"War always helps those who are ruling a country. It would be too bad if both the European Union and the United States forget about all the wrong things that this government has done and is doing."

Poland's ruling party has previously been criticised for eroding democracy and rights in the country. PHOTO: AFP

For the moment, however, security issues have trumped the governing party's image as a disruptive force obsessed with stoking culture wars and hostility to foreigners, particularly migrants, bureaucrats in Brussels and Germans.

"The government focused too much on stupid things instead of more important things like security," Bartosiak said. "But now everybody in Poland sees what matters."

Supported in parliament by even its fiercest political enemies, Law and Justice last week enacted a new Homeland Defence Act that will increase military spending to 3 per cent of gross domestic product, from around 2.2 per cent.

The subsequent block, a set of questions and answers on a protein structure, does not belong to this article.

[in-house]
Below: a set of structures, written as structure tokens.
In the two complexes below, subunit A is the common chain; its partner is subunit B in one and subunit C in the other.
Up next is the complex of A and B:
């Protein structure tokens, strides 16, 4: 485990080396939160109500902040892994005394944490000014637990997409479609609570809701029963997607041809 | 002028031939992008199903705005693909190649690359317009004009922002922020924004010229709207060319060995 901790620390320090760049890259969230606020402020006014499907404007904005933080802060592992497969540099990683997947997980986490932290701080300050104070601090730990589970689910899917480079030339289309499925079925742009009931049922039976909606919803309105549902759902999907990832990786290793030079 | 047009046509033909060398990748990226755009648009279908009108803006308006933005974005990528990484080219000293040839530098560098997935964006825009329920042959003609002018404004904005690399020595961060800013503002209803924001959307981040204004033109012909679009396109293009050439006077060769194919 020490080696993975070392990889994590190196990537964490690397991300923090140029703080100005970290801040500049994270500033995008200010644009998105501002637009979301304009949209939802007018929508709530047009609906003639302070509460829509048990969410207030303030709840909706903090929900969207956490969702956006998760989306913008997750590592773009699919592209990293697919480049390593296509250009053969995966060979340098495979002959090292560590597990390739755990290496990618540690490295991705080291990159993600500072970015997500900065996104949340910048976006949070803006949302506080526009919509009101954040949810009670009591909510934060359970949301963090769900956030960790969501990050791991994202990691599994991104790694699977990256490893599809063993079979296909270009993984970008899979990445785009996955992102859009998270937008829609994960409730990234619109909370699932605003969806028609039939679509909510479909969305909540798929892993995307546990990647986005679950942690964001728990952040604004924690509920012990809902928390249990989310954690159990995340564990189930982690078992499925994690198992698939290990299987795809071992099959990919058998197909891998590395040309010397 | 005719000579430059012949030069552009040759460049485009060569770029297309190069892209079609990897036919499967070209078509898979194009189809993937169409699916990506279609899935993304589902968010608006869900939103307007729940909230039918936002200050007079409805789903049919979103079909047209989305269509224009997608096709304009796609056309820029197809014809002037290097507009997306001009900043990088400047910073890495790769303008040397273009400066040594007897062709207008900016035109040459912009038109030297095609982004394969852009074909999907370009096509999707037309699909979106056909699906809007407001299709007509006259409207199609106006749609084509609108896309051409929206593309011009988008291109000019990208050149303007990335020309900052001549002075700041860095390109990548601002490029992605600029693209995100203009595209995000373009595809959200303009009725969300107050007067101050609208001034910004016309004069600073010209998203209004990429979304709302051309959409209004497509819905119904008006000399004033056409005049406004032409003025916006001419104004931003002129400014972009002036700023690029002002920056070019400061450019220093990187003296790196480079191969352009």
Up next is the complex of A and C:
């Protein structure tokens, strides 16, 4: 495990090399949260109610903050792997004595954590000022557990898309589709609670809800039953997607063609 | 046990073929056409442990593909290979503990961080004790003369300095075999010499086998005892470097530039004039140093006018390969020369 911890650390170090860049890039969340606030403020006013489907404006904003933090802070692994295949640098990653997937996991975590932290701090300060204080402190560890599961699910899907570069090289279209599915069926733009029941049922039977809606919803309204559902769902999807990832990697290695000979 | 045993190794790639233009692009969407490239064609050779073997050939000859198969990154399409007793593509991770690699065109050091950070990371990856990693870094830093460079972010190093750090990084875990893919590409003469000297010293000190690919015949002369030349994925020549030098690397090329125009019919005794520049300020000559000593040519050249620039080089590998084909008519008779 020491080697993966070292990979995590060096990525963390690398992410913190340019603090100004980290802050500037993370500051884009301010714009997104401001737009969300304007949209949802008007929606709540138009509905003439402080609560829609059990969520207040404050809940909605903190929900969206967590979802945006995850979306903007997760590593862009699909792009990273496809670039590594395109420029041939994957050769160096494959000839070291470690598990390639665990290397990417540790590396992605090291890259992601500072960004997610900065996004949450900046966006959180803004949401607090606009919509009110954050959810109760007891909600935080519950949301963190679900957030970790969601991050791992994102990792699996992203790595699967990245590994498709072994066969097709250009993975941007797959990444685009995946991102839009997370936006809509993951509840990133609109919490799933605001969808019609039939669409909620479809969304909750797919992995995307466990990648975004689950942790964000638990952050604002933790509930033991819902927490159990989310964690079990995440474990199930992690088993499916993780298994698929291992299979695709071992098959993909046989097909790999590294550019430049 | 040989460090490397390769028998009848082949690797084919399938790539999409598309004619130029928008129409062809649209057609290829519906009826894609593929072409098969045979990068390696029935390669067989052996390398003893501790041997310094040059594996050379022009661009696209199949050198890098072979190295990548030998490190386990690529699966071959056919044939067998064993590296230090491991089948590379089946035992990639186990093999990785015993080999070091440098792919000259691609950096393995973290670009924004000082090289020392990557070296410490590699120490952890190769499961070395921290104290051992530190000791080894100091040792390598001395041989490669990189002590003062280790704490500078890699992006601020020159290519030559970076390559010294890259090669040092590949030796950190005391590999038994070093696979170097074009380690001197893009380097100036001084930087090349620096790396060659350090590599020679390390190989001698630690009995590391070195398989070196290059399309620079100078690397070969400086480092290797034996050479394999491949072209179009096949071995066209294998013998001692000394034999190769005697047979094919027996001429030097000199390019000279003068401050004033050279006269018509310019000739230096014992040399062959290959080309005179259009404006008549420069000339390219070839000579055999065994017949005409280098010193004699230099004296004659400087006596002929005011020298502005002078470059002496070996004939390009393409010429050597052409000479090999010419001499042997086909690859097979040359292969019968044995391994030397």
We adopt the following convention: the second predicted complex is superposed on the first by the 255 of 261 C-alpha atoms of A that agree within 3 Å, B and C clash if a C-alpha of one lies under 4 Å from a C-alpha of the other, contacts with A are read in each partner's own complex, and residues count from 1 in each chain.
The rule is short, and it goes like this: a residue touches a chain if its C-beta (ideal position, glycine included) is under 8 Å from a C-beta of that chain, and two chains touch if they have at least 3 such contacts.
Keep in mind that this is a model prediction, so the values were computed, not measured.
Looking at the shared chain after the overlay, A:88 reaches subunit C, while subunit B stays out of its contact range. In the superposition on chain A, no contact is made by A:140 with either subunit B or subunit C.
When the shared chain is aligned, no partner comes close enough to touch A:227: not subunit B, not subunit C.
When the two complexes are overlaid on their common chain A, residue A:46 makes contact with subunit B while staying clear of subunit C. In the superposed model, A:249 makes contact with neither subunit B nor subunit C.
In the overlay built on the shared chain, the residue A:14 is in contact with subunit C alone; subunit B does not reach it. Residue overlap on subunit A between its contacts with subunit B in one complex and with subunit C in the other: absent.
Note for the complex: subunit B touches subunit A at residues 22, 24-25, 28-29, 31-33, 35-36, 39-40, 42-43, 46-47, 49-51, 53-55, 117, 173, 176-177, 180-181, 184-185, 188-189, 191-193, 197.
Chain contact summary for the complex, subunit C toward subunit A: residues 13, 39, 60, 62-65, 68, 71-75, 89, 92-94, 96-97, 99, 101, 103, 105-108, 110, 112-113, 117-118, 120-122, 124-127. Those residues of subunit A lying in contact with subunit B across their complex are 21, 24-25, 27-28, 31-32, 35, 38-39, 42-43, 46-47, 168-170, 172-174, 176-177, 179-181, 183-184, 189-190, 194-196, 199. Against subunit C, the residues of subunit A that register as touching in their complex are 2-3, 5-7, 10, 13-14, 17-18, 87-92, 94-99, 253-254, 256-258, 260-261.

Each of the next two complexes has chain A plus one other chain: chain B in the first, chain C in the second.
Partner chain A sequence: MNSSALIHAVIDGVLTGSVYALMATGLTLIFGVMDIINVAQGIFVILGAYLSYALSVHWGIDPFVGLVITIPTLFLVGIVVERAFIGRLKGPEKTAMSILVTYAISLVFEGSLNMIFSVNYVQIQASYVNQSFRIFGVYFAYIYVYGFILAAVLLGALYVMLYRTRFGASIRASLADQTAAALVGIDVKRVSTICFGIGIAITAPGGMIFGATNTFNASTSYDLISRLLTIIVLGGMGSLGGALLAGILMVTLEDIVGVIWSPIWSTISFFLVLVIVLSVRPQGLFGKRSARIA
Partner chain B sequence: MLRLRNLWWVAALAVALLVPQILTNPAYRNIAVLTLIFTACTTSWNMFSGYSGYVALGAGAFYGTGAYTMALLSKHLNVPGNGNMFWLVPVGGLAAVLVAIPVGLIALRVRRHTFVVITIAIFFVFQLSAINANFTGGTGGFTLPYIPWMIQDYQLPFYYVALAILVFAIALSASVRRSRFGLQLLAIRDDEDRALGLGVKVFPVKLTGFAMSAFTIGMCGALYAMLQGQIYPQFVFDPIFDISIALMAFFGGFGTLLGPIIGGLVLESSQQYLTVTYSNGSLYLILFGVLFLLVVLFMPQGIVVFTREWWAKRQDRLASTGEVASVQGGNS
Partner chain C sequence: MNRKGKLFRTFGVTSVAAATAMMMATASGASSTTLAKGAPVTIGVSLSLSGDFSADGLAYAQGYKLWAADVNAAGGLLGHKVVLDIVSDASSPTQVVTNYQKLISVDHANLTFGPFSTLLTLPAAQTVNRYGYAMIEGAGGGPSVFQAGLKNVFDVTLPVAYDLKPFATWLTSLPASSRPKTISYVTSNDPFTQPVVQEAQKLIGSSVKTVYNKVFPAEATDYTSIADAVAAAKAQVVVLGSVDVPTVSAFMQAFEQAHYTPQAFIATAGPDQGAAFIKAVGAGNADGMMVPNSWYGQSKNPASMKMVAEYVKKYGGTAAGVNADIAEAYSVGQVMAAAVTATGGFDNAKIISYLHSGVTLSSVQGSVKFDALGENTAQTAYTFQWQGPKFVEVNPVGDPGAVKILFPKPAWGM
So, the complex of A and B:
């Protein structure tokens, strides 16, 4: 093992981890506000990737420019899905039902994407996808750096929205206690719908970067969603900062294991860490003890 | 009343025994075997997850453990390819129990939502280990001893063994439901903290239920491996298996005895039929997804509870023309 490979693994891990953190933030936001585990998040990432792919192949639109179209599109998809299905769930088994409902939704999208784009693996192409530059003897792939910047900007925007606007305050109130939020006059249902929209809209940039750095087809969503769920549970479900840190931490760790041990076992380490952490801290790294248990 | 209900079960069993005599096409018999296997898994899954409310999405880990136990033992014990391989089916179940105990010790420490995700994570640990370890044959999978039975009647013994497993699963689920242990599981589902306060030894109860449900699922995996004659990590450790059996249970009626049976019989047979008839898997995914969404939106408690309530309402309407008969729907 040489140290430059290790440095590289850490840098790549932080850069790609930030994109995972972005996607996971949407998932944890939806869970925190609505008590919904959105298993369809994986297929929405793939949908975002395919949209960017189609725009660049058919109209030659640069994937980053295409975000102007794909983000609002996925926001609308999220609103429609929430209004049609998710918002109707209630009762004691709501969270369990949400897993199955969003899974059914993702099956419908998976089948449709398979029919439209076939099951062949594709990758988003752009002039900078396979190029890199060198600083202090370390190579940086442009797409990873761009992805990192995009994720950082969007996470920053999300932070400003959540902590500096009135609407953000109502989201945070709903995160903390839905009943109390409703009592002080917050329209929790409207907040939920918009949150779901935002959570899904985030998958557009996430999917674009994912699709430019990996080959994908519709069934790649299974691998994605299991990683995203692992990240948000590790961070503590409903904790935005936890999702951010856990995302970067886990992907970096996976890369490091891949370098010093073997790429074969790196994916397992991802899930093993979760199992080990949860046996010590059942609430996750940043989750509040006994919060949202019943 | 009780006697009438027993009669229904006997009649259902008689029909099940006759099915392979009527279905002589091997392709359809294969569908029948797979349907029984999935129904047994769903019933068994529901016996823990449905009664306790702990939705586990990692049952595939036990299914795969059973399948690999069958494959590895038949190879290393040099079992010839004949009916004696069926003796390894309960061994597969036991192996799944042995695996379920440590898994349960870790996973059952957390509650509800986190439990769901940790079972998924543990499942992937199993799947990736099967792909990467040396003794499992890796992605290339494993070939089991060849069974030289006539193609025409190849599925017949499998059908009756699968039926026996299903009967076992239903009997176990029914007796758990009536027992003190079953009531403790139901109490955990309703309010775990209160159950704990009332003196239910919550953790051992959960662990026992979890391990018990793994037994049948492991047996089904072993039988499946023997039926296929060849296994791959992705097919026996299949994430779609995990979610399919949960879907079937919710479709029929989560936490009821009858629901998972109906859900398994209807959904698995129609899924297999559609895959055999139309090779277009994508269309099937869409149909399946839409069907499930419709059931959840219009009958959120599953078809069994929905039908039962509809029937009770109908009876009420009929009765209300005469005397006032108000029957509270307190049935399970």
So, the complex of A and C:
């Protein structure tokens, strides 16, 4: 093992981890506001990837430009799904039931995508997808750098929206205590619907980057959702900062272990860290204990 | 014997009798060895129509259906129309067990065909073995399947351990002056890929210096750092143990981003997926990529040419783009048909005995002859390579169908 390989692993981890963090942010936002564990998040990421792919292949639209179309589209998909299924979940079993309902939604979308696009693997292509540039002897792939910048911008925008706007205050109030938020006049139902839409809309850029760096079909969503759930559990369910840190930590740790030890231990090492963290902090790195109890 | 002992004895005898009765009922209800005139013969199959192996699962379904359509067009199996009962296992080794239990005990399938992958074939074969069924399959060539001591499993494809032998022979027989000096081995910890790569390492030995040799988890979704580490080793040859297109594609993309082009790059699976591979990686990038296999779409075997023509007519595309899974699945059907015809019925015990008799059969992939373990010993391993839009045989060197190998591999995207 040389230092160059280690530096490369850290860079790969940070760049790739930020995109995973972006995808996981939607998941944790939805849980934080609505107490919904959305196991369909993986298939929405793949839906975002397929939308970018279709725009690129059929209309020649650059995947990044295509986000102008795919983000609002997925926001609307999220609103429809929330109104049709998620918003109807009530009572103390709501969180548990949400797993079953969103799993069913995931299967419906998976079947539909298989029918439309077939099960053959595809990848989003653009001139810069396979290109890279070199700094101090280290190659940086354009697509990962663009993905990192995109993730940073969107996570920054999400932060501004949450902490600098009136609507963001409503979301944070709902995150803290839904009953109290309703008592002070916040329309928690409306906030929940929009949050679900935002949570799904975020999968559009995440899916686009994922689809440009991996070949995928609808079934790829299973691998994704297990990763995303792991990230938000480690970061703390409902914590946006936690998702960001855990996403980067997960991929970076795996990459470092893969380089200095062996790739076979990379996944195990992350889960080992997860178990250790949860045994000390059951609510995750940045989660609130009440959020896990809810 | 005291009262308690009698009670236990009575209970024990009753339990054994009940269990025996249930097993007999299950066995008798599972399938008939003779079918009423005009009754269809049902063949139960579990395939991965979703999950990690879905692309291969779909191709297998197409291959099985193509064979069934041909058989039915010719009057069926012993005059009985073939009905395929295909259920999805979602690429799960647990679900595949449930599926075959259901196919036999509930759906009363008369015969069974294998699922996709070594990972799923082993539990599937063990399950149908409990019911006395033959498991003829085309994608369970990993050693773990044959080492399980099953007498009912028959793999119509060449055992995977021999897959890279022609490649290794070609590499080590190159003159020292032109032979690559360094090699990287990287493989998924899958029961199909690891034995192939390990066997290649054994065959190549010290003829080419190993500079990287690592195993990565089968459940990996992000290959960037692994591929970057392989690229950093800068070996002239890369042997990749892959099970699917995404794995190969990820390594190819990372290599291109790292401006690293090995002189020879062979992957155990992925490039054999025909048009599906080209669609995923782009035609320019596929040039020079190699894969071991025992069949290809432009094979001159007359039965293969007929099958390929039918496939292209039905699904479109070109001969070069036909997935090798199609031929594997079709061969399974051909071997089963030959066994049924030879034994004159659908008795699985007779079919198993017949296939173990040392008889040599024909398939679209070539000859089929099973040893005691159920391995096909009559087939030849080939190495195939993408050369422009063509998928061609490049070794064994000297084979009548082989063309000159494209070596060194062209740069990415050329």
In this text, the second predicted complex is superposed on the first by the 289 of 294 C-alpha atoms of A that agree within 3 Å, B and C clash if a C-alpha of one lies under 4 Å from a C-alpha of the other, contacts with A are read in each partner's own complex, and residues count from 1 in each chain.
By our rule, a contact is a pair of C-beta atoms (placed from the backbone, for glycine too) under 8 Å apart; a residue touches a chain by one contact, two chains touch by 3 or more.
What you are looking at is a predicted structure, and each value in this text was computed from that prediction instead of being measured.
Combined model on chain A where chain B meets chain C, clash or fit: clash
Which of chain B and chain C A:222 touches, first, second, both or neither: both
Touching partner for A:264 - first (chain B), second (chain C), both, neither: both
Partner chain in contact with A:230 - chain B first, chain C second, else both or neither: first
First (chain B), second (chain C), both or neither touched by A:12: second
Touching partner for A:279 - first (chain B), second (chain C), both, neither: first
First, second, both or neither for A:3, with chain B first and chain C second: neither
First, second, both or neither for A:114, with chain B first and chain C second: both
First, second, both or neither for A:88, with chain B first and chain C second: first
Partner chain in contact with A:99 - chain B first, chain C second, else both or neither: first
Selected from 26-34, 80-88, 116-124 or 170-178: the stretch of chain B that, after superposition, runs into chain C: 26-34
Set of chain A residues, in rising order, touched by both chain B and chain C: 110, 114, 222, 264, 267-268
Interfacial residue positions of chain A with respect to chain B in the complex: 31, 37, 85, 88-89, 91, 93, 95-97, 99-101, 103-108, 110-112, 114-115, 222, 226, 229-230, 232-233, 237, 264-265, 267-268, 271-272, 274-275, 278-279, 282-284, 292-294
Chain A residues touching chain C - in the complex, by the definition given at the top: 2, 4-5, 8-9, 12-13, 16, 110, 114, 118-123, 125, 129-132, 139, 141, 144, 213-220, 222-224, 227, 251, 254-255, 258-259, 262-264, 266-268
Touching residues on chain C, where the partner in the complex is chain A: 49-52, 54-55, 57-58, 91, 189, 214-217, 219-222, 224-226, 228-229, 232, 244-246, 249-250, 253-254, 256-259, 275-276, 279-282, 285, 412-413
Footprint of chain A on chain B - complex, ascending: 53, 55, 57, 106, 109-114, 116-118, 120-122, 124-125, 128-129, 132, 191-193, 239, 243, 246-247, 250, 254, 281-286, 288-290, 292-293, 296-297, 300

Poland was already one of only 10 countries in the 30-member Nato alliance that met a minimum spending target of 2 per cent.

Polish foreign policy, preoccupied until the war in Ukraine with efforts to form a bloc of like-minded conservative and often pro-Kremlin European populists who share its hostility to Brussels, is now working to cement a new bloc of European countries pushing for tougher sanctions against Russia, including the Baltic states and the Czech Republic.

At a meeting of European foreign ministers this week in Brussels, Poland joined Lithuania and other countries on Europe's eastern fringe that have a long and painful experience of Russian aggression in lobbying hard for a ban on oil imports from Russia.

The effort failed in the face of strong opposition from Germany, the Netherlands and others, but it put Warsaw at the centre of an emerging bloc of nations determined to punish Putin for invading Ukraine.

Remote video URL

Join ST's Telegram channel and get the latest breaking news delivered to you.